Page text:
The Mome Raths are minor characters in Alice in Wonderland. They are flower-like creatures.
The Mome Raths are bipedal, flower-like creatures without arms. They each have a pair of googly eyes and fuzzy hair on their heads. When they sleep, only their fuzzy hair is visible.
The Mome Raths appear in the Tulgey Wood scene when Alice loses hope and notices the hammer and pencil birds nailing a sign diagonally across a low tree. The sign read "Don't step on the Mome Raths". The Mome Raths reveal themselves, then gather around and make an arrow formation. They point to a pink path that leads out of Tulgey Wood and Alice exclaims she can make it home for tea, but a dog made out of a broom dusts the path away. They are last seen looking at a very tearful Alice who is saying she will never find her home again as the woodland creatures also react when they see Alice crying as they fade away into oblivion. They are not shown later in the film.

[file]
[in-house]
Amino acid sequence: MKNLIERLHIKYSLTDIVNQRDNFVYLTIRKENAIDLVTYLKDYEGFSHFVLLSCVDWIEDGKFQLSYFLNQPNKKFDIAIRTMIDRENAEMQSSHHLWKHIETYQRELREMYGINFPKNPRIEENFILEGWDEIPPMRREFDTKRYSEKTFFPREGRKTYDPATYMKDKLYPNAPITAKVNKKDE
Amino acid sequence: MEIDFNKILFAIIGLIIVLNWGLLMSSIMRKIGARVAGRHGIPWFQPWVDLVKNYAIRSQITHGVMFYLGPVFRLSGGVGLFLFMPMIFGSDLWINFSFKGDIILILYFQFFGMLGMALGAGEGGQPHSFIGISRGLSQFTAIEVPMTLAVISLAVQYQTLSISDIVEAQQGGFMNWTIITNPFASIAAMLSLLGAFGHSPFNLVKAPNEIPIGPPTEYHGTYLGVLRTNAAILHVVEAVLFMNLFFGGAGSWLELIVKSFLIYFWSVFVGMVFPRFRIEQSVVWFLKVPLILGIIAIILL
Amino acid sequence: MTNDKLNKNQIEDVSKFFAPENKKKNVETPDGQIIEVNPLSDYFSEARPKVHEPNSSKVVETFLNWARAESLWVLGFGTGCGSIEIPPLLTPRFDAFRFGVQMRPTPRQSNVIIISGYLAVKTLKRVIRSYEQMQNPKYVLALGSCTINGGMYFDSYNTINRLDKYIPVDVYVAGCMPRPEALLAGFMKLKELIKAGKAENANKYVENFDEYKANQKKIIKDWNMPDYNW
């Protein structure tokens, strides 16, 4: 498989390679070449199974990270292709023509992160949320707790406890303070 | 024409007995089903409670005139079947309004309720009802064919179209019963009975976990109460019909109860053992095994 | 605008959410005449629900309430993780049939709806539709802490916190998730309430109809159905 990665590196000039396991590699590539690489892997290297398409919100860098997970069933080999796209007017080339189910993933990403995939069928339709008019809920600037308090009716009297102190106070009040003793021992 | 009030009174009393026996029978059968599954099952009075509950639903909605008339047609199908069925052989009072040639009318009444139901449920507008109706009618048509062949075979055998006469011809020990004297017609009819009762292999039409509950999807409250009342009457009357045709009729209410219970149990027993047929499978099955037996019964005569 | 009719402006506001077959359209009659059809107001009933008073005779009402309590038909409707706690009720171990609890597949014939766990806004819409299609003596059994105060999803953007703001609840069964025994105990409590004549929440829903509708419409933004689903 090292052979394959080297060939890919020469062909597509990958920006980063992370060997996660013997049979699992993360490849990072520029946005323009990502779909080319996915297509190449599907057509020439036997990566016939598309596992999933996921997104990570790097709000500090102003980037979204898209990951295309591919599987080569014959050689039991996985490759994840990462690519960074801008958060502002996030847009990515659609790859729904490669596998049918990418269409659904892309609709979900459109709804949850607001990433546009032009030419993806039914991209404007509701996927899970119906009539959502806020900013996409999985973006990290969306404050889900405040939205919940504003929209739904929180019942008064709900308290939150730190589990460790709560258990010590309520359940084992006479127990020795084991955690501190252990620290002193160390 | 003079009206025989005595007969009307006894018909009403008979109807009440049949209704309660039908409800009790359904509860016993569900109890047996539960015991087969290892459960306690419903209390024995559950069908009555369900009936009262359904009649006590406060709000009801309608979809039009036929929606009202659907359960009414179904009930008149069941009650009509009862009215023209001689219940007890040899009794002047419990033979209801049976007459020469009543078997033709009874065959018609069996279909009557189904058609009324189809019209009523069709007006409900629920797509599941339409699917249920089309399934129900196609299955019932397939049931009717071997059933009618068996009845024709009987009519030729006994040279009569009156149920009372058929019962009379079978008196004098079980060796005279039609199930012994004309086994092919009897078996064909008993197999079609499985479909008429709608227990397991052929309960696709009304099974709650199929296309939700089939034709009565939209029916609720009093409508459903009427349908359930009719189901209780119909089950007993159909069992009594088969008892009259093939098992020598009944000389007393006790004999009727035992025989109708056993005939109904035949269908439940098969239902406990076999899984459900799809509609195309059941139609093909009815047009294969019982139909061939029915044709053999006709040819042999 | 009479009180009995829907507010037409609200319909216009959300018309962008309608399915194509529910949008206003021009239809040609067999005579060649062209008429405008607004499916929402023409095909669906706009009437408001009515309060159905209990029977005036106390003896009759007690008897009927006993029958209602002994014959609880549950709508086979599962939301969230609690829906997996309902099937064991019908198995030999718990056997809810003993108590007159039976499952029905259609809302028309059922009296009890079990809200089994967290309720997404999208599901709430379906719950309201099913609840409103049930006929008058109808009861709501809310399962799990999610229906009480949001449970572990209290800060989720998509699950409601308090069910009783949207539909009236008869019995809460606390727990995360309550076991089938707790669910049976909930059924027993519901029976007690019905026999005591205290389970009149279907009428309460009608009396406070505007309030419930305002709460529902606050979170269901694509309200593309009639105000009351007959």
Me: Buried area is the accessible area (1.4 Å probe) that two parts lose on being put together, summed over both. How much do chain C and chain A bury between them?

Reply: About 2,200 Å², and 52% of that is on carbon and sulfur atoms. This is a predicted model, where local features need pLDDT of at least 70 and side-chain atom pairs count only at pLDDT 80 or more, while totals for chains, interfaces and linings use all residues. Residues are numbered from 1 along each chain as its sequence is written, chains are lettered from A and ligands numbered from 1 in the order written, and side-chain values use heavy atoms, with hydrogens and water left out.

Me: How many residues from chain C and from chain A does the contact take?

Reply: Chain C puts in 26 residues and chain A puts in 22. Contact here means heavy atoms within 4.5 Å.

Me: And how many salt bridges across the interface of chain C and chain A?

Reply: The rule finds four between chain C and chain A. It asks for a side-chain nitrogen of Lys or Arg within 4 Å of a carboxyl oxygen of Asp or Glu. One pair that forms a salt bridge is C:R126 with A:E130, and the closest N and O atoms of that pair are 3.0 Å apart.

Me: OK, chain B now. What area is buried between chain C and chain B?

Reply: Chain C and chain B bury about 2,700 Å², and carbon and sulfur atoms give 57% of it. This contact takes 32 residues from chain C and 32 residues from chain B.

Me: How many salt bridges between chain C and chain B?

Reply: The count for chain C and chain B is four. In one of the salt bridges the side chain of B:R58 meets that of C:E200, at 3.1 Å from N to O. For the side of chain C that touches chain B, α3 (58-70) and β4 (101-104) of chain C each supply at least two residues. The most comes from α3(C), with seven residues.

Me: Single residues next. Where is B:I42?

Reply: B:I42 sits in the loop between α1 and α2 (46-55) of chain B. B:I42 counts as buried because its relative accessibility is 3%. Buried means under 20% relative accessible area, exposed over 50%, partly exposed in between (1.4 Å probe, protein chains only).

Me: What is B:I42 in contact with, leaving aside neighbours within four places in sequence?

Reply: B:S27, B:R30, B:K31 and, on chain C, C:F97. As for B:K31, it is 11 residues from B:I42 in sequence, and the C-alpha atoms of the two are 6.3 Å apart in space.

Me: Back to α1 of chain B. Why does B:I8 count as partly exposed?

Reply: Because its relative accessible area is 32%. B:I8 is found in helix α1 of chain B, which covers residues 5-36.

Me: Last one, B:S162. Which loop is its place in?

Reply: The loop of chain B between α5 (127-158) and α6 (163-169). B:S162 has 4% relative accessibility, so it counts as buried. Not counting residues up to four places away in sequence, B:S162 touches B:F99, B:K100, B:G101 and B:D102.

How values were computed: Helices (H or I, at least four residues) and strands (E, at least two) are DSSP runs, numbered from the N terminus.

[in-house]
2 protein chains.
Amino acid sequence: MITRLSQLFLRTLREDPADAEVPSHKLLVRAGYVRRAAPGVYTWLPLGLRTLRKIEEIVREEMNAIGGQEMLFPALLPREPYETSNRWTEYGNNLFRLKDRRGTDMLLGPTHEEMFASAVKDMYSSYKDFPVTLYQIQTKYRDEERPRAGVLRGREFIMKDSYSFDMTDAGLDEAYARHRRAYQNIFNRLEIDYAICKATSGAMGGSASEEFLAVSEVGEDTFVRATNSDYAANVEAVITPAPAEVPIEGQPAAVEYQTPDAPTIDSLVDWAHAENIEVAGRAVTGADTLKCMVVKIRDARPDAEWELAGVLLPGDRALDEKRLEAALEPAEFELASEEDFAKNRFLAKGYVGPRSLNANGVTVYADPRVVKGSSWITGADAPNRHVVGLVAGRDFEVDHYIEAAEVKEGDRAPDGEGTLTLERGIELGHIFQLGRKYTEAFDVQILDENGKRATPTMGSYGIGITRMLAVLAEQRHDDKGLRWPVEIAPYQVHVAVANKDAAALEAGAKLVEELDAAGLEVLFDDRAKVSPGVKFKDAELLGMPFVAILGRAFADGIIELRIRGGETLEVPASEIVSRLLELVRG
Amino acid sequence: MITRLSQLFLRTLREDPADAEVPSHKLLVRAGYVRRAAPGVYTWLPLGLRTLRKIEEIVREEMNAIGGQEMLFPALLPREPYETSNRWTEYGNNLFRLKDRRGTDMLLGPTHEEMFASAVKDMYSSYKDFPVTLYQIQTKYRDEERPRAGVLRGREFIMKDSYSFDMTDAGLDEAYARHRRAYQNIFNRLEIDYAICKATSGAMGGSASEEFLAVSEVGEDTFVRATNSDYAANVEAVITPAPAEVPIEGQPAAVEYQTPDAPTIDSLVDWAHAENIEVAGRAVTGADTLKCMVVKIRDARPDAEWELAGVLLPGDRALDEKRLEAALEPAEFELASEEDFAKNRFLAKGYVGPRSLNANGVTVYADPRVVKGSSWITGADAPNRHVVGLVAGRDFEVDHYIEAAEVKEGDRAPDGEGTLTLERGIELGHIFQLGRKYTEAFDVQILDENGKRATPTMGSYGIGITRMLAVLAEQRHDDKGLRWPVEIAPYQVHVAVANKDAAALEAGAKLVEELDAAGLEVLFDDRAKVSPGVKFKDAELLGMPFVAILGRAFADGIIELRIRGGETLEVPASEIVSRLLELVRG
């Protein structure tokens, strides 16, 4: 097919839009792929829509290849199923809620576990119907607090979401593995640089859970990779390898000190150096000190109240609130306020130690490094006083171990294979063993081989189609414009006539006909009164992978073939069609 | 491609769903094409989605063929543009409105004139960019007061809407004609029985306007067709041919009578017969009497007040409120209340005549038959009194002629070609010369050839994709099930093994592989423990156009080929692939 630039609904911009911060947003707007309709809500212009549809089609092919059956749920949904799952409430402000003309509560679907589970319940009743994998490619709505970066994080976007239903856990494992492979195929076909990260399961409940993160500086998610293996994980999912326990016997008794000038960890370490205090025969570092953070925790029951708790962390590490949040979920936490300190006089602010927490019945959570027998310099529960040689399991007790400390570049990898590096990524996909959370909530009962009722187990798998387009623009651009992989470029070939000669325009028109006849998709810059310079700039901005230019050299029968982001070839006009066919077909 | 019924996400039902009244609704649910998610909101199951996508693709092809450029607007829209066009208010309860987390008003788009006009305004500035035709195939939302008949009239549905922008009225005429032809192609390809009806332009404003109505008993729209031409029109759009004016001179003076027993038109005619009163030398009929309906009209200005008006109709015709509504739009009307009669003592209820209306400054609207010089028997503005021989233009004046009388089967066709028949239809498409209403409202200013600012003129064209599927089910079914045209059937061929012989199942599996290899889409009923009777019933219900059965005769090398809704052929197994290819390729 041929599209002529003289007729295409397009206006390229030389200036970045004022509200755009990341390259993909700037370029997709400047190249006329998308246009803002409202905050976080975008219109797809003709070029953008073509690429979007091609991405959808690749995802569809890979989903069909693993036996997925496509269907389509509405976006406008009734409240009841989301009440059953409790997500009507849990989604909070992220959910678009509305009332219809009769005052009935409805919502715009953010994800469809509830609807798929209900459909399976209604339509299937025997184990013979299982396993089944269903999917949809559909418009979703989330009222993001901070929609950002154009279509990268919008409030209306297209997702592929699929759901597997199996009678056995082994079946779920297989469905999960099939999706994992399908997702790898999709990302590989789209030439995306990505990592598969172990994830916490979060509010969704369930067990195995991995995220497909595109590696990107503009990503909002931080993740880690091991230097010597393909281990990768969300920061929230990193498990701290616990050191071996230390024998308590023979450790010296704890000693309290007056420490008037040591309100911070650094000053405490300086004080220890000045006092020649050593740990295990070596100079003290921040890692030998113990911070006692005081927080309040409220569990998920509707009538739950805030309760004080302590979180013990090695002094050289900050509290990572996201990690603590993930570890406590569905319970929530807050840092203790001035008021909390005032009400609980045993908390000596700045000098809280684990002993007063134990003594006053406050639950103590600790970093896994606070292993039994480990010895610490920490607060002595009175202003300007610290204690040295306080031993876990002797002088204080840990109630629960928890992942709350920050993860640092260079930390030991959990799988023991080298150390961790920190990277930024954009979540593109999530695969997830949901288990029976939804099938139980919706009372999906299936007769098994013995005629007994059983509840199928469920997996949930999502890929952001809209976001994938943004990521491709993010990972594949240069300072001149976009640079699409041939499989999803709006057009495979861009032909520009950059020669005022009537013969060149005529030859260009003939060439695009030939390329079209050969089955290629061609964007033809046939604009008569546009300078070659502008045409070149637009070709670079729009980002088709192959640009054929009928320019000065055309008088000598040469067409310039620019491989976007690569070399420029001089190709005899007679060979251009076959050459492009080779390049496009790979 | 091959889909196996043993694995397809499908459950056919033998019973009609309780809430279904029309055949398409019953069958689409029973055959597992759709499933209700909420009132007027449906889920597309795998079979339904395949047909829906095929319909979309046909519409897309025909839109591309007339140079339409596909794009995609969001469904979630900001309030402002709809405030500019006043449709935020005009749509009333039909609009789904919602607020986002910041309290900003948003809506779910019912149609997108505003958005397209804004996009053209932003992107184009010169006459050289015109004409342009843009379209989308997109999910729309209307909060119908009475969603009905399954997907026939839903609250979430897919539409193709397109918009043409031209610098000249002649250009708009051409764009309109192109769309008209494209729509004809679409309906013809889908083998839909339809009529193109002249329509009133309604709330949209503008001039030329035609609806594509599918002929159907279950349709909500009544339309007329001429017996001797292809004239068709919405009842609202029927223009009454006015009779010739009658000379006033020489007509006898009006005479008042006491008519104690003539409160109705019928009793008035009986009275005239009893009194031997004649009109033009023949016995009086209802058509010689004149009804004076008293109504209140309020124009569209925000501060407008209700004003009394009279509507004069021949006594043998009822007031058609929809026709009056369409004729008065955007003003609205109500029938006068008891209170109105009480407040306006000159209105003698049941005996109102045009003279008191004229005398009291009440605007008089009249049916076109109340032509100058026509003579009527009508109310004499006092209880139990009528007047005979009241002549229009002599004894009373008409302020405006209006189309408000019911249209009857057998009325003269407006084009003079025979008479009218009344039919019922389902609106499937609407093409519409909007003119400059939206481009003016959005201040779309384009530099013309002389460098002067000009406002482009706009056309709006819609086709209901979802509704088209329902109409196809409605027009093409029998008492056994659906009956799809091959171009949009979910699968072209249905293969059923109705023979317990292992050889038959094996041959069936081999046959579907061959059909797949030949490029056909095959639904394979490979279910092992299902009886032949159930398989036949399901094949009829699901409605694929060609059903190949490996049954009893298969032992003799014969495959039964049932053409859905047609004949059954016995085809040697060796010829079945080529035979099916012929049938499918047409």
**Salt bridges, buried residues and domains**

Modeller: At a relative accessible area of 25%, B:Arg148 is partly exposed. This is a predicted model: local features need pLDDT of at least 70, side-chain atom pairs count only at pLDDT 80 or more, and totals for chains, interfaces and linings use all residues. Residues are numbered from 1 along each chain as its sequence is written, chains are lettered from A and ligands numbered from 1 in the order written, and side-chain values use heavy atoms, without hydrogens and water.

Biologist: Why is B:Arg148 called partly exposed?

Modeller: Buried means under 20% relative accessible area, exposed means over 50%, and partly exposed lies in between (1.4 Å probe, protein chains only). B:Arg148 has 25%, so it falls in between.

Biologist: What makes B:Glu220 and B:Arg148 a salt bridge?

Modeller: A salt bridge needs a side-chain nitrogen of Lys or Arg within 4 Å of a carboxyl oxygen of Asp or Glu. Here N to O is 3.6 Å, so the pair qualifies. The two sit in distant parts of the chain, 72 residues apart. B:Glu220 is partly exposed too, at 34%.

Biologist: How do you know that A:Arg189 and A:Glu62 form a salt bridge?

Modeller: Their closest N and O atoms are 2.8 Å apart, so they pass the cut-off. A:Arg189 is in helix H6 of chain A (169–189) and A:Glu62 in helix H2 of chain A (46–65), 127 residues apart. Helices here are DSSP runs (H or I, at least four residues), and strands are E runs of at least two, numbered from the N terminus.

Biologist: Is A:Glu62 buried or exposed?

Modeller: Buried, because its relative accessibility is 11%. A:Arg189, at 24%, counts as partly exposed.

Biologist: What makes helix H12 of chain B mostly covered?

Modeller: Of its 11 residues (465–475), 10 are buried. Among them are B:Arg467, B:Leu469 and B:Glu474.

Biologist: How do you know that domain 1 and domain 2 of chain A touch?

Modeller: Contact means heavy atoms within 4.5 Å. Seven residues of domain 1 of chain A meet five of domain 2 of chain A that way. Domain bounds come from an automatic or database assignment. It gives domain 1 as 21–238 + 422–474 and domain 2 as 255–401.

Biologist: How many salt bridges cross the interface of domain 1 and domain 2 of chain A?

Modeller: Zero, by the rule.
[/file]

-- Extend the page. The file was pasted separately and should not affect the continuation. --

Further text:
The Mome Raths made a cameo appearance in the House of Mouse episode "Pete's House of Villains" where they are greeted into the club by Donald Duck before being scared away by Pete, who is mocking the way Donald talks.
In this show, the Mome Raths are completely different creatures from their animated counterparts; instead of resembling flowers, they are feral and carnivorous wolf-like creatures attracted by light colors. When her reign is precipitated by Jafar, the Red Queen is captured by the villagers, taking revenge for her tyranny and wanting to deliver and feed her to them. She is saved by Cyrus and Alice who leaves her radiating medallion to occupy the mome raths.
- In the original "Jabberwocky" poem, Raths are green pigs; and in the original Mischmasch state are land turtles with erect heads, shark mouths, curved out front forelegs so that the animal walked on its knees, and smooth green bodies that lived on swallows and oysters (Humpty Dumpty was uncertain what "Mome" meant but thinks it means "from home" [and in the Mischmasch state "grave"] ).
- The one that appeared in the 2010 film was accurate to the original poem version